THE BOSTON PARADOX Lots of Health Care, Not Enough Health

dc.contributor.authorHubbard, Thomas
dc.contributor.authorKing, Nick
dc.contributor.authorFleishman, Valerie
dc.contributor.authorJohnston, Douglas
dc.description.abstractThe objective of this report is to focus on broad trends in Greater Boston’s health, its health care, and its overall economic competitiveness in a way that will suggest new strategies Greater Boston can use to meet three often conflicting goals: ■ The best health for all Greater Boston residents ■ Effective and sustainable health care ■ Sustained economic growth that benefits all Greater Boston residents As a result the full version of this report examines trends in many different fields, organized into two sections: The Health of Greater Boston ■ Population and Demography: The report looks at broad, ongoing trends at work in Greater Boston’s changing population that will affect health and health care demand. ■ Determinants of Health: Scientific research in epidemiology has identified several factors that have a decisive influence on the health and life expectancy of an entire population such as Greater Boston’s. The most critical “determinants” include socio-economic factors such as educational attainment level and the distribution of income among residents. Socioeconomic factors decisively influence the interaction of four other types of determining factors: genetics; environmental factors; health-related personal behaviors; and the degree of access to health care (such as the level of insurance coverage in the population). Greater Boston’s Economy and Its Health Care ■ Health Status: In the interest of brevity this report examines six conditions prevalent throughout the population: heart disease and cancer (the two leading causes of mortality); hypertension; low birth weight (LBW) births; and diabetes and asthma (both chronic diseases of increasing prevalence in Greater Boston). Equally important conditions (such as mental health) may be incorporated in future revisions or as pertinent data is developed. * Sources of Health care funding: the report examines trends in three sectors that provide the majority of health care financing: employer-sponsered health insurance, state government and the federal government. * Uses of Health care funding: The report examines the five largest categories of health care as enumerated in the National Health Expenditure Accounts, the federal government's annual measure of all health care-related expenditures in the US and the 50 states. Trends in public health and the health insurance industry are also examined. * Related Industries: The report examines three fields tightly linked to health care in Greater Boston: Medical and Nursing education; Biomedical research and technology transfer; and the life science sector.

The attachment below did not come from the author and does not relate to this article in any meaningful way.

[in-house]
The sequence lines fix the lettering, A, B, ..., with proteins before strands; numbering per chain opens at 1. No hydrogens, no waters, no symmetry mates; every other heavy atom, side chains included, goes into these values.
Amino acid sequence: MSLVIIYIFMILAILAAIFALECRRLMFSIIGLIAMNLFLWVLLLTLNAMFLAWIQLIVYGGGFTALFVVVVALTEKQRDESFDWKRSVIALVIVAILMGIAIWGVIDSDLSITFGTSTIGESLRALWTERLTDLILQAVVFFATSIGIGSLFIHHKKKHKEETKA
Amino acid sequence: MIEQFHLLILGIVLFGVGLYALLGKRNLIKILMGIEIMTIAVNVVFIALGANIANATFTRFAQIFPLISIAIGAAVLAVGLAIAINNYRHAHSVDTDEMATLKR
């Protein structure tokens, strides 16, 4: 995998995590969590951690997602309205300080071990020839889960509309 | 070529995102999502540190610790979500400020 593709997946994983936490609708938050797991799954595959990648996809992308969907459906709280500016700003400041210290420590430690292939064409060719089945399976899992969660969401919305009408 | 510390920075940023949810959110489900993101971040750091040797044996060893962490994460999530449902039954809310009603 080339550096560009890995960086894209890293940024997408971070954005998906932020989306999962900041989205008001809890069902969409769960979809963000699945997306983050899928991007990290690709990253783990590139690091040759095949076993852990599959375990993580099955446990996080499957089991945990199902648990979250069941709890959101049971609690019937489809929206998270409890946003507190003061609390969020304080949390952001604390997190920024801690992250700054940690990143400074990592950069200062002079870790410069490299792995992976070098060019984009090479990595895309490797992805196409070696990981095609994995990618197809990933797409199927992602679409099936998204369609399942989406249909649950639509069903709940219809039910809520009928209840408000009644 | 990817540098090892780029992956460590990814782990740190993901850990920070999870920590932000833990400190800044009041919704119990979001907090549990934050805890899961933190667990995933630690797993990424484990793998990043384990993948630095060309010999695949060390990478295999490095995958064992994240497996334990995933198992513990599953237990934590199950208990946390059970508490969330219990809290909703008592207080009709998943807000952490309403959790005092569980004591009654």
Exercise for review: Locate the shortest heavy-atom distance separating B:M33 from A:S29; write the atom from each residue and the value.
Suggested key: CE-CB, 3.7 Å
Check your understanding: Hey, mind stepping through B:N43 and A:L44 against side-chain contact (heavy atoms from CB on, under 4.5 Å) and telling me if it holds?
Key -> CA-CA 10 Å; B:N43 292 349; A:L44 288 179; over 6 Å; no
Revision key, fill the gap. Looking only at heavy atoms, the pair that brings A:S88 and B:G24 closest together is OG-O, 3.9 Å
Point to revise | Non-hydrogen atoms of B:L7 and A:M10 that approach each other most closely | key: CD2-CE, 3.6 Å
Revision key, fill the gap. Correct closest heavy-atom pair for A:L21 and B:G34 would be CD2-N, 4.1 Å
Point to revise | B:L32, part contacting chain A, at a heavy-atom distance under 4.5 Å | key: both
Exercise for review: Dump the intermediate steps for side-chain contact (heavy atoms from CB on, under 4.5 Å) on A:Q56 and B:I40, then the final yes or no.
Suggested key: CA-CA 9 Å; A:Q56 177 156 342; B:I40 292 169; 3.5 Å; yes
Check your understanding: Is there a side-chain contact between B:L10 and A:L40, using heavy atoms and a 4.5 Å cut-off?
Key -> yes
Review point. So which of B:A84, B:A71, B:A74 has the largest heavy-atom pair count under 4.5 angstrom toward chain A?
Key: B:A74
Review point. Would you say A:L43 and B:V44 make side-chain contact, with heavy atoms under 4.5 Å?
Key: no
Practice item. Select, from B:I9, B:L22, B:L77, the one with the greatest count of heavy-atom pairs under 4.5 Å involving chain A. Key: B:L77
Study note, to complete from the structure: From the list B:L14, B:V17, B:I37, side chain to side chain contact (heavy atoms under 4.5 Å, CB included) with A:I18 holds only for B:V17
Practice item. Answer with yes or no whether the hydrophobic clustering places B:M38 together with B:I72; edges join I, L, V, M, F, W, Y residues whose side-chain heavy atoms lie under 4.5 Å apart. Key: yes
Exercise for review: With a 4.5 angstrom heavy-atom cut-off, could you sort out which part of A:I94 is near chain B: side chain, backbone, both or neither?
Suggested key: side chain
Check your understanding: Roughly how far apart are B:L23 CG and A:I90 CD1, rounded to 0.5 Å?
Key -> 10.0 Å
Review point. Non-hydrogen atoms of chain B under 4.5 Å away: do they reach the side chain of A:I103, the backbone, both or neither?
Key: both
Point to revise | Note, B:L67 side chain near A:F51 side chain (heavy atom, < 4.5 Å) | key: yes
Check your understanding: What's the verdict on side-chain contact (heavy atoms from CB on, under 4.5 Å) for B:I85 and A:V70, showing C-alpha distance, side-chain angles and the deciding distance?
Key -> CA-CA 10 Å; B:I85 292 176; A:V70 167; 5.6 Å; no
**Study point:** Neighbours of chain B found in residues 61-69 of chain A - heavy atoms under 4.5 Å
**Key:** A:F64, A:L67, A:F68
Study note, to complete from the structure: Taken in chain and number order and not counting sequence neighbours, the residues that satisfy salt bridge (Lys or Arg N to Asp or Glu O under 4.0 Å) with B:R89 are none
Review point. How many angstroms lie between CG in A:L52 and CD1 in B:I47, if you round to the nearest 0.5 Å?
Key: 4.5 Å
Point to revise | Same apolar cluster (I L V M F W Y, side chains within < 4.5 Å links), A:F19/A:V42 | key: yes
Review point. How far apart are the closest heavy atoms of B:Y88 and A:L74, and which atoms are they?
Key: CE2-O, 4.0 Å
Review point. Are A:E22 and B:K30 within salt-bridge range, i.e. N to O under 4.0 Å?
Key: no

dc.identifier.citationHubbard, Thomas (2007) THE BOSTON PARADOX Lots of Health Care, Not Enough Health. Project Report. New England Healthcare Institute, Boston, Massachusetts.
dc.identifier.otherEprint ID 848
dc.publisherNew England Healthcare Institute
dc.subjectPrenatal & Pediatric Health
dc.subjectPublic Health
dc.subjectCardiovascular Disease
dc.subjecthealth care
dc.subjecteconomic competitiveness
dc.subjectsustainable health care
dc.subjectSocioeconomic factors
dc.subjectheart disease
dc.subjectlow birth weight births
dc.subjecthealth care financing
dc.titleTHE BOSTON PARADOX Lots of Health Care, Not Enough Health
dc.typeTechnical Report